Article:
An assessment of the status of environmental impact assessment follow- up in KwaZulu-Natal.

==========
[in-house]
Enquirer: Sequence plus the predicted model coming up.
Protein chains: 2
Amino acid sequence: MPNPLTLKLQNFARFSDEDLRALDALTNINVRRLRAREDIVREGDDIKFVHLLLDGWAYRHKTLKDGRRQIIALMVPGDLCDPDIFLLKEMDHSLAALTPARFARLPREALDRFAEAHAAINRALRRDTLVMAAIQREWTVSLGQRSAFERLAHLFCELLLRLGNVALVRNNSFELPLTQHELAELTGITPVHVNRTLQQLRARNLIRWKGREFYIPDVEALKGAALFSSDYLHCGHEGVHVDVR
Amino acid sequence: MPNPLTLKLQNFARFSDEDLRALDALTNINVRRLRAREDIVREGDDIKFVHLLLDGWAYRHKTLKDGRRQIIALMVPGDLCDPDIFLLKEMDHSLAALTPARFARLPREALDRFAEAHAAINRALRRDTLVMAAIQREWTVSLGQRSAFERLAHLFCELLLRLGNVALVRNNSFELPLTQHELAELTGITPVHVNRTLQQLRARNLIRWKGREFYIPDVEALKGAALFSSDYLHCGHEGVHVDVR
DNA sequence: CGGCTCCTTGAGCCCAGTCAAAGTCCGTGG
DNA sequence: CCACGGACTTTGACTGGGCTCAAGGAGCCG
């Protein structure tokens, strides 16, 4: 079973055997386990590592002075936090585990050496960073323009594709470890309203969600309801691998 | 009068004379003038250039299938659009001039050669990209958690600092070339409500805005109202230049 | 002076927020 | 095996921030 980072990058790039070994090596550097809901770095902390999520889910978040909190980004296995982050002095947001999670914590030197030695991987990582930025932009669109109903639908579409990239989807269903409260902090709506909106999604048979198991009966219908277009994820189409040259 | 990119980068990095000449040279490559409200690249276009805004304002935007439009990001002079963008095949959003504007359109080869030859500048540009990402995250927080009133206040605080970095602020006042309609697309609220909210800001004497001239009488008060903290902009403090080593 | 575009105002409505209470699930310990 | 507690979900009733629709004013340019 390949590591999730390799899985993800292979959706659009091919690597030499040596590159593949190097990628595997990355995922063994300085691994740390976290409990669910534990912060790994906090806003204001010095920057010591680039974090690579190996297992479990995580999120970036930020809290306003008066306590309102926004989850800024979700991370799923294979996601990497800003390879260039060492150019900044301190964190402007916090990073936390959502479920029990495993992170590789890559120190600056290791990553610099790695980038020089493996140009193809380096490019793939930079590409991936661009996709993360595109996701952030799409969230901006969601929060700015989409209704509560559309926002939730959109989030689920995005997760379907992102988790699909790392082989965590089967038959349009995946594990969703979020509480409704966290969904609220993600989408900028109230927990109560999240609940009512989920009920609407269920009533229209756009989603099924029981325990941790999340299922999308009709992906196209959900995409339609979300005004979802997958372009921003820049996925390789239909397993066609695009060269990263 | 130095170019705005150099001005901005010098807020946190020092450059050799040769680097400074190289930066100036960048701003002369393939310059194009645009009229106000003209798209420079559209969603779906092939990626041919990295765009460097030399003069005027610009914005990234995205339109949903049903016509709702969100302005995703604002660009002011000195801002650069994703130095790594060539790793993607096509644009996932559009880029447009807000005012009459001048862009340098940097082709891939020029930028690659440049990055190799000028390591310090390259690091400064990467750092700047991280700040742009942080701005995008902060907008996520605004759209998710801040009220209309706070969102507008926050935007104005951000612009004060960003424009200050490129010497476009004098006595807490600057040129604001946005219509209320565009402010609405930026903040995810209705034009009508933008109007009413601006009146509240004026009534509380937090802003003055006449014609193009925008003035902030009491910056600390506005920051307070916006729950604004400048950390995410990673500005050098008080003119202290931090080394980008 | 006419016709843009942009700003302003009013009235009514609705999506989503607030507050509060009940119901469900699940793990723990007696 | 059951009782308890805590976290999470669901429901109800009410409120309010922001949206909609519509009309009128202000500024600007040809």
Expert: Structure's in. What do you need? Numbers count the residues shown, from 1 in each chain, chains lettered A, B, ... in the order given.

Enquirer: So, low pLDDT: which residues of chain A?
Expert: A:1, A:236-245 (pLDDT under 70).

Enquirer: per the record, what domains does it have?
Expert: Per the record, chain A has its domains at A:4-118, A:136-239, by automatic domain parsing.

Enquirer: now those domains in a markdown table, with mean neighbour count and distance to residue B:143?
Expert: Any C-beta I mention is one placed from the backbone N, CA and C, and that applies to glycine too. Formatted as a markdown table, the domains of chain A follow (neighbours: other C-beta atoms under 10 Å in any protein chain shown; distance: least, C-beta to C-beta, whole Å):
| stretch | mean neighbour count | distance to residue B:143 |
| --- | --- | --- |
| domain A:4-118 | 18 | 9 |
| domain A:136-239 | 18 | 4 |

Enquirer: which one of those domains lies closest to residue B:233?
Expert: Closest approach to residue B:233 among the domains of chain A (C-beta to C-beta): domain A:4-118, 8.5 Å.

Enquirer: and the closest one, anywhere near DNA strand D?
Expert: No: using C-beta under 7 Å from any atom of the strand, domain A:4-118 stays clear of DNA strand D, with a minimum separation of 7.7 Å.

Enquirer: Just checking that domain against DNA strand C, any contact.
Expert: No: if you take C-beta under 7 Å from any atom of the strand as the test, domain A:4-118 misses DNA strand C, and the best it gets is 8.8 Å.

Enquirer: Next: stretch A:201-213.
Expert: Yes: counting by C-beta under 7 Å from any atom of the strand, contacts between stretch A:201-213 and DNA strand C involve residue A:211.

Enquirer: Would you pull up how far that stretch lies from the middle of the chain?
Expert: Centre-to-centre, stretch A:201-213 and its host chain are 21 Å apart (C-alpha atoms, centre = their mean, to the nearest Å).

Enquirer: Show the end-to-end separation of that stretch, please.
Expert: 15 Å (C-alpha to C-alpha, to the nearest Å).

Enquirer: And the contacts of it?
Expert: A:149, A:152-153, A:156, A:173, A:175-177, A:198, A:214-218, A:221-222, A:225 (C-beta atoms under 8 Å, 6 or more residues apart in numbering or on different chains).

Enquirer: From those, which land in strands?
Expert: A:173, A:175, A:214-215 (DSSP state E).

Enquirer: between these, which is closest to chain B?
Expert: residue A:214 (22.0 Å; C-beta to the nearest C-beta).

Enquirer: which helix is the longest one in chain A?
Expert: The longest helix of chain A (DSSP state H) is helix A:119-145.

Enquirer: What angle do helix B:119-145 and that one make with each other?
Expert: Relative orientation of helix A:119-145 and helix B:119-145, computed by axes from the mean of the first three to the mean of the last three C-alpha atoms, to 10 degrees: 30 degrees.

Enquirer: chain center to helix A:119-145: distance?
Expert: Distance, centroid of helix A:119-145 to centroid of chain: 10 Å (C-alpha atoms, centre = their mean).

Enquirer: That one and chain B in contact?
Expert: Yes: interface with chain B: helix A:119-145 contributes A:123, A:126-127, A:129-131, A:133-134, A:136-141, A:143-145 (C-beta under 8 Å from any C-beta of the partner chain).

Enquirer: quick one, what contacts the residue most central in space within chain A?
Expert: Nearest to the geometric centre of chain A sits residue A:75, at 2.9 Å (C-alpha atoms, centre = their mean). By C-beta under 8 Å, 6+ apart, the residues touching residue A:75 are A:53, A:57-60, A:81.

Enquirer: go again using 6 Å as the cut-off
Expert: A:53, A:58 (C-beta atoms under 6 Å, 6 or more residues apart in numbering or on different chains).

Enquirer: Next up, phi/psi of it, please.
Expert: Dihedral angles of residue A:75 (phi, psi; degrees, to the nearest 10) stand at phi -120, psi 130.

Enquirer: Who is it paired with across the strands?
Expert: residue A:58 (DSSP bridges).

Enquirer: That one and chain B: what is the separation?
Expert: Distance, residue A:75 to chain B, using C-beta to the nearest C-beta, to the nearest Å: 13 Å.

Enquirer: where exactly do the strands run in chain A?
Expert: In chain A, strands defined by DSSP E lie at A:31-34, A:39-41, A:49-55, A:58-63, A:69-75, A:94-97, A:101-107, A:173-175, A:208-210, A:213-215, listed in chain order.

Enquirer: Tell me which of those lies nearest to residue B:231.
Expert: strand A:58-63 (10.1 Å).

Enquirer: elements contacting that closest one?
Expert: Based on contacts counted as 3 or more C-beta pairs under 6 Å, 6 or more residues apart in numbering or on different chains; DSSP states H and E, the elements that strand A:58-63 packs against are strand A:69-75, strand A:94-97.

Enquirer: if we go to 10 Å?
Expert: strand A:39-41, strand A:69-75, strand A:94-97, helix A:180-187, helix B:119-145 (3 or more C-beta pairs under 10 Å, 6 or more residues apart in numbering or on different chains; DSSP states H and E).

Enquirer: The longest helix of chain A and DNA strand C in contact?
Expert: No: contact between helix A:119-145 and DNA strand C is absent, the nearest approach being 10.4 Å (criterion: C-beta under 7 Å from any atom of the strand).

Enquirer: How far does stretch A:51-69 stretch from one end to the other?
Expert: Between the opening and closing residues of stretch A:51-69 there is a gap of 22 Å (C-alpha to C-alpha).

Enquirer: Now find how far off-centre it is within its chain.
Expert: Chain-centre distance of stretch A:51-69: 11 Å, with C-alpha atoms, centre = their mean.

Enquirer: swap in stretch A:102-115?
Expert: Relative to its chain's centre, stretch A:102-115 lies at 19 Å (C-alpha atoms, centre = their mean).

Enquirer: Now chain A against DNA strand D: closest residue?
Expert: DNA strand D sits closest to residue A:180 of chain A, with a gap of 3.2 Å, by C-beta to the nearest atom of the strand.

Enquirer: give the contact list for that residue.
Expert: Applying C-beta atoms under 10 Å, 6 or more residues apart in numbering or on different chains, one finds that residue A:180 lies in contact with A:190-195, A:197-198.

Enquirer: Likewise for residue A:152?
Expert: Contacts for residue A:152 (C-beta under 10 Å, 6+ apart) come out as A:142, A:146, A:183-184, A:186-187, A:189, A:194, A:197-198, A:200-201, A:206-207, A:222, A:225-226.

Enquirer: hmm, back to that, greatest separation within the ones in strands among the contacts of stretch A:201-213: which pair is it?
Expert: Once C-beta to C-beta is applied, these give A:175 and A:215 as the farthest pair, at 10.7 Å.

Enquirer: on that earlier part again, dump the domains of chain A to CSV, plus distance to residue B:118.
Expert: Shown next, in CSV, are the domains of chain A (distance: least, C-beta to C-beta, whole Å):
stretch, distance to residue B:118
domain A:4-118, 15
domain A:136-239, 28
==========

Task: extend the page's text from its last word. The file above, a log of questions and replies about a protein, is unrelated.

Environmental Impact Assessment (EIA) is a formal process, which provides valuable information concerning the potential environmental consequences or impacts of proposed development plans and actions. EIA, therefore plays an important role in aiding the decision making process and has been adopted worldwide as a predictive evaluation tool. Once the ElA has been conducted and the possible environmental impacts established, thorough recommendations for mitigation are usually made. However, there is often no ElA follow-up (monitoring, post-auditing, evaluation and communication) to ensure that the mitigation measures or the recommendations revealed by the EIA are put into practice. EIA follow-up is a vital procedure, which if effectively conducted, ensures that negative environmental impacts are kept to a minimum and facilitates sustainable development. The main objectives of this research were to assess the status of ElA follow-up in KwaZuluNatal (KZN), to establish possible reasons for shortcomings in the area of ElA follow-up in KZN and to develop and discuss a number of potential models of ElA follow-up, in order to make recommendations for future practice. This dissertation includes a theoretical review of the concepts of sustainable development and Integrated Environmental Management (IEM), together with a comprehensive assessment of the role of ElA follow-up. Fifteen environmental consultants from KZN, together with five consultants from the remainder of South Africa. and a number of other leading ElA practitioners were formally interviewed in order to ascertain a greater understanding of the current status of EIA follow-up in KZN. The results from these interviews revealed that ElA follow-up is a neglected component of ElA and IEM. There are, at present, a number of barriers or constraints to effective EIA follow-up practice in KZN. which were thoroughly examined in this dissertation. There is also an apparent confusion as to who is responsible for conducting and policing EIA follow-up in KZN. The KZN regulatory authority and leading conservation body were also interviewed in order to gauge their understanding of ElA follow-up and its status in KZN. From the research four potential models of EIA follow-up were presented, each highlighting a different way in which ElA follow-up may be conducted, especially in the different sectors of development. This dissertation recommends that although there is no one comprehensive model or way in which EIA follow-up should be undertaken, the partnership approach to EIA follow-up is the most effective way of ensuring follow-up and facilitating sustainable development in KZN.